As mentioned by others so far, the index of refraction ($n$) of air is not identically equal to 1, but is in fact $n=1.000293$. For many every day situations this small difference is negligible; however, it is possible to observe that light does in fact change speed when changing mediums from a vacuum to air.
At sunrise and sunset, the sky appears red and orange near the horizon. This is due to the refraction of sunlight as it enter's the earth atmosphere from space. When the sun is low on the horizon, light travels a greater distance in the atmosphere, and this effect is most noticeable. It's worth mentioning as well, before someone comments and points out, that in this situation the index of refraction of air actually changes throughout the atmosphere, because air becomes more dense closer to the surface of the earth. At any rate though, this still demonstrates that for air, $n\not=1$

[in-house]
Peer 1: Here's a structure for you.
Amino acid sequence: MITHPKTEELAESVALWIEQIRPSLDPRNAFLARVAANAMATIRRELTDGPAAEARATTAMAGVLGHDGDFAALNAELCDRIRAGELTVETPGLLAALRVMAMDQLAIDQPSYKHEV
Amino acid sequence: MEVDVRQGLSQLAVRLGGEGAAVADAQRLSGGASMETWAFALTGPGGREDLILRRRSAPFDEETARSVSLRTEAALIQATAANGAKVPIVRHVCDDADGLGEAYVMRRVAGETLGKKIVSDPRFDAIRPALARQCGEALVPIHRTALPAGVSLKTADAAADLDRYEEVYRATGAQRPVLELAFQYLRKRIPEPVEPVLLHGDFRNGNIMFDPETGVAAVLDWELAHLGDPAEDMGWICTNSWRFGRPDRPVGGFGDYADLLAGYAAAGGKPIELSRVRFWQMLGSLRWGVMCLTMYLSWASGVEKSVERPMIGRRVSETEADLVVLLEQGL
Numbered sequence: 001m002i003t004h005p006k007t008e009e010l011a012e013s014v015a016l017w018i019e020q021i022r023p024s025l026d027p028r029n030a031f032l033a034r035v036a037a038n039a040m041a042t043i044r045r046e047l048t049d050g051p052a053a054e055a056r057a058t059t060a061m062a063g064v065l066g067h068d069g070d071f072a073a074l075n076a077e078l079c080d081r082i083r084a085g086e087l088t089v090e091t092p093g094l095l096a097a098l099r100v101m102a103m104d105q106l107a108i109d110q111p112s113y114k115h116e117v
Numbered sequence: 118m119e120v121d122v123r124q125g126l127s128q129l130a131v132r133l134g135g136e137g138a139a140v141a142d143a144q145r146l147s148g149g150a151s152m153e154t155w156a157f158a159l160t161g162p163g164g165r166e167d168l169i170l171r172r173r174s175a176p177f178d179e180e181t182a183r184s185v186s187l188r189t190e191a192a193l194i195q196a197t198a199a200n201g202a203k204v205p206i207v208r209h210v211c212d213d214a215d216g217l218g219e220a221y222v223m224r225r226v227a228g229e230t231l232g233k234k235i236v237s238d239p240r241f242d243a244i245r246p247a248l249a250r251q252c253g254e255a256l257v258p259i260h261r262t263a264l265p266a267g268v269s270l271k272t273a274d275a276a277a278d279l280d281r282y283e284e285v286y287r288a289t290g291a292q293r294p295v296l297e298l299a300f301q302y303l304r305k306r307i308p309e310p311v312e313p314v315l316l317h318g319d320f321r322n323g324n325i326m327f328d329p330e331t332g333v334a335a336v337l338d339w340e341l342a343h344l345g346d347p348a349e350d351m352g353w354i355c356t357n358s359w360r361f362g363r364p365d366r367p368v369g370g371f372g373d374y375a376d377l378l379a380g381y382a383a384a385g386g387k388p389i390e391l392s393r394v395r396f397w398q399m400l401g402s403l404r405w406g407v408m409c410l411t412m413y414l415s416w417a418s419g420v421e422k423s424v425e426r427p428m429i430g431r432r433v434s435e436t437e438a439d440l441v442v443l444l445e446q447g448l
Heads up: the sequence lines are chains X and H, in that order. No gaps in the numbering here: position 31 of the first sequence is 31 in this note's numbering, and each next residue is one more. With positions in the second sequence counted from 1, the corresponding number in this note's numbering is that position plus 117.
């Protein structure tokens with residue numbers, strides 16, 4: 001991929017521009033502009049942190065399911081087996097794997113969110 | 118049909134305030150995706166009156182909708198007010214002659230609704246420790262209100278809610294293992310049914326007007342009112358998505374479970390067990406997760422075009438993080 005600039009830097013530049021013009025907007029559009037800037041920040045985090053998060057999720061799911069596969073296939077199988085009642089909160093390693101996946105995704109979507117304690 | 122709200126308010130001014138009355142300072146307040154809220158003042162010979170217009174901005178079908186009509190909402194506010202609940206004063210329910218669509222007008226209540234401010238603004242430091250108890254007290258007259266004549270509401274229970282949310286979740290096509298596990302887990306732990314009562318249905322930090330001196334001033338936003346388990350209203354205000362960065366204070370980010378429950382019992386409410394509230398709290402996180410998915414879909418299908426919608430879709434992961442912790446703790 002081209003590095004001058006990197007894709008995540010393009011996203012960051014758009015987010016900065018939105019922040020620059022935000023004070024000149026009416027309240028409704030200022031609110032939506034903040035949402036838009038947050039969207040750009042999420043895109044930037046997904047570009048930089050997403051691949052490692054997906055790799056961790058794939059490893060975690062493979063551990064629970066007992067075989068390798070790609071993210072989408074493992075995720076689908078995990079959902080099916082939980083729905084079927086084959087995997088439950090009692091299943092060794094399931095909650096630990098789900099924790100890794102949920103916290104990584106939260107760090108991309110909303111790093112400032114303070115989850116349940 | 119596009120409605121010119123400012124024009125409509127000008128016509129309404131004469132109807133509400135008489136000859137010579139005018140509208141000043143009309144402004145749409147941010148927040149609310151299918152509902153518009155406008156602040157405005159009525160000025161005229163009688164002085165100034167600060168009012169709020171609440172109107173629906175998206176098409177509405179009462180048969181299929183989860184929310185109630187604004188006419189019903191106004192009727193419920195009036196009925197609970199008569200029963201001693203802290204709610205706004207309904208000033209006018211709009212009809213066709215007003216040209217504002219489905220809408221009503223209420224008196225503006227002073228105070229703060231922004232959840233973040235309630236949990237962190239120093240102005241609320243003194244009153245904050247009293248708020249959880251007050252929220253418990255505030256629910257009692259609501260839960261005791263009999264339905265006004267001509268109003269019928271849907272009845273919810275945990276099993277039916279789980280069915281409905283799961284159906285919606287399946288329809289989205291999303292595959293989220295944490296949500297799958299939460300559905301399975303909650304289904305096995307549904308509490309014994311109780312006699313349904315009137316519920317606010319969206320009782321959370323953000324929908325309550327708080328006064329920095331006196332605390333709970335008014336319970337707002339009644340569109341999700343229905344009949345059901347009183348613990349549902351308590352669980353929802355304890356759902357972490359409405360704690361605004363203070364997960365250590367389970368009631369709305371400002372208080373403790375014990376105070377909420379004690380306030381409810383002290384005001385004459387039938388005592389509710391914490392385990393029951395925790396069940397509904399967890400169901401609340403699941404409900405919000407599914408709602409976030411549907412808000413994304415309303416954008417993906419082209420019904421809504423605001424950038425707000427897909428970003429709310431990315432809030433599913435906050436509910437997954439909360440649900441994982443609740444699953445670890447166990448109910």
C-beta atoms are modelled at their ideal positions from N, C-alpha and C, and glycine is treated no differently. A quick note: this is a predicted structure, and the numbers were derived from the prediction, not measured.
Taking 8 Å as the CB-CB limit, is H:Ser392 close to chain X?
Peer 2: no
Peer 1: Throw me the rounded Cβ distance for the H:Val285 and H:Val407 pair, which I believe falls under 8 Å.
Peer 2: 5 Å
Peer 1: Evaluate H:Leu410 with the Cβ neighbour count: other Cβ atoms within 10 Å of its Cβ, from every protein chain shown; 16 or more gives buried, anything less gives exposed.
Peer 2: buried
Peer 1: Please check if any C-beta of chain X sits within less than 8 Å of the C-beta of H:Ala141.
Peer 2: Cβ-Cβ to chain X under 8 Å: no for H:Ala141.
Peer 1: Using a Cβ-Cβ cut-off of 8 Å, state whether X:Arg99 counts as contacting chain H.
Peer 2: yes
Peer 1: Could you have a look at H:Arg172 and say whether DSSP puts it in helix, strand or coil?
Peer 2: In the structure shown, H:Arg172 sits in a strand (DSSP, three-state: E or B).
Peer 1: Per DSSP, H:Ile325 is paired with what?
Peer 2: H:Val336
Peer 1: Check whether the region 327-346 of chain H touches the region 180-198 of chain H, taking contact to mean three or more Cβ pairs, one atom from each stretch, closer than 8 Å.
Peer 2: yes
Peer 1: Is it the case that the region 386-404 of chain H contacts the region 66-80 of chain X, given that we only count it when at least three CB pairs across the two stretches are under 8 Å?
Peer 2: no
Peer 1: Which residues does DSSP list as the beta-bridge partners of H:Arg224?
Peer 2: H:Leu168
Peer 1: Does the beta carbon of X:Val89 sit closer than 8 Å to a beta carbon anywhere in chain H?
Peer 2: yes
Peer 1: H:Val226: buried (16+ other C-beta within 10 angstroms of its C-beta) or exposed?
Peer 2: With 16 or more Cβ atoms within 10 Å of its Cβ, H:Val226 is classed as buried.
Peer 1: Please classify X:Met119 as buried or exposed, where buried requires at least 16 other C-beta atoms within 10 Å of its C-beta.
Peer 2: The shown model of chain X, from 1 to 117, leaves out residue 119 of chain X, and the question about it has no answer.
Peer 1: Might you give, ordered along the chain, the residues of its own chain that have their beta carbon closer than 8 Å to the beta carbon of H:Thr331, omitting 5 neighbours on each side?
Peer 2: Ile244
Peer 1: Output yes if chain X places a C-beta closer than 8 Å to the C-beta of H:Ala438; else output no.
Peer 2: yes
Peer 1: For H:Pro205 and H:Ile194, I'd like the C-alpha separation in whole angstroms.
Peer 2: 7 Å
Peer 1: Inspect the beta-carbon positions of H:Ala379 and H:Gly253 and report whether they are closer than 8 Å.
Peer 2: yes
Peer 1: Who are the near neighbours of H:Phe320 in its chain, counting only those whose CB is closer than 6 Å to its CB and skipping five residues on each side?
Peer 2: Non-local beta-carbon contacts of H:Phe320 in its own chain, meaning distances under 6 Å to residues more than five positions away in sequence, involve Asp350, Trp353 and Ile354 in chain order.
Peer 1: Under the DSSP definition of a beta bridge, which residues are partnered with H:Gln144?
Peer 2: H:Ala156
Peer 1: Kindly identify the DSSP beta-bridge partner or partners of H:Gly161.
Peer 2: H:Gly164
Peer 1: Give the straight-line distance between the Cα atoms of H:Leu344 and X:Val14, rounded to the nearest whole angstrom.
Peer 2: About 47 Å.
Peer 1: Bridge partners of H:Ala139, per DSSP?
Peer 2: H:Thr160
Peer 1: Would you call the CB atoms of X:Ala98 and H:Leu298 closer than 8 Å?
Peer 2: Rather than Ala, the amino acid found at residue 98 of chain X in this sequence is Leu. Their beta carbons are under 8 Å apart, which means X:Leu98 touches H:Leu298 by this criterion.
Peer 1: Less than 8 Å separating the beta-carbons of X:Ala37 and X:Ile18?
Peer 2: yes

Photo courtesy of gohawaii.com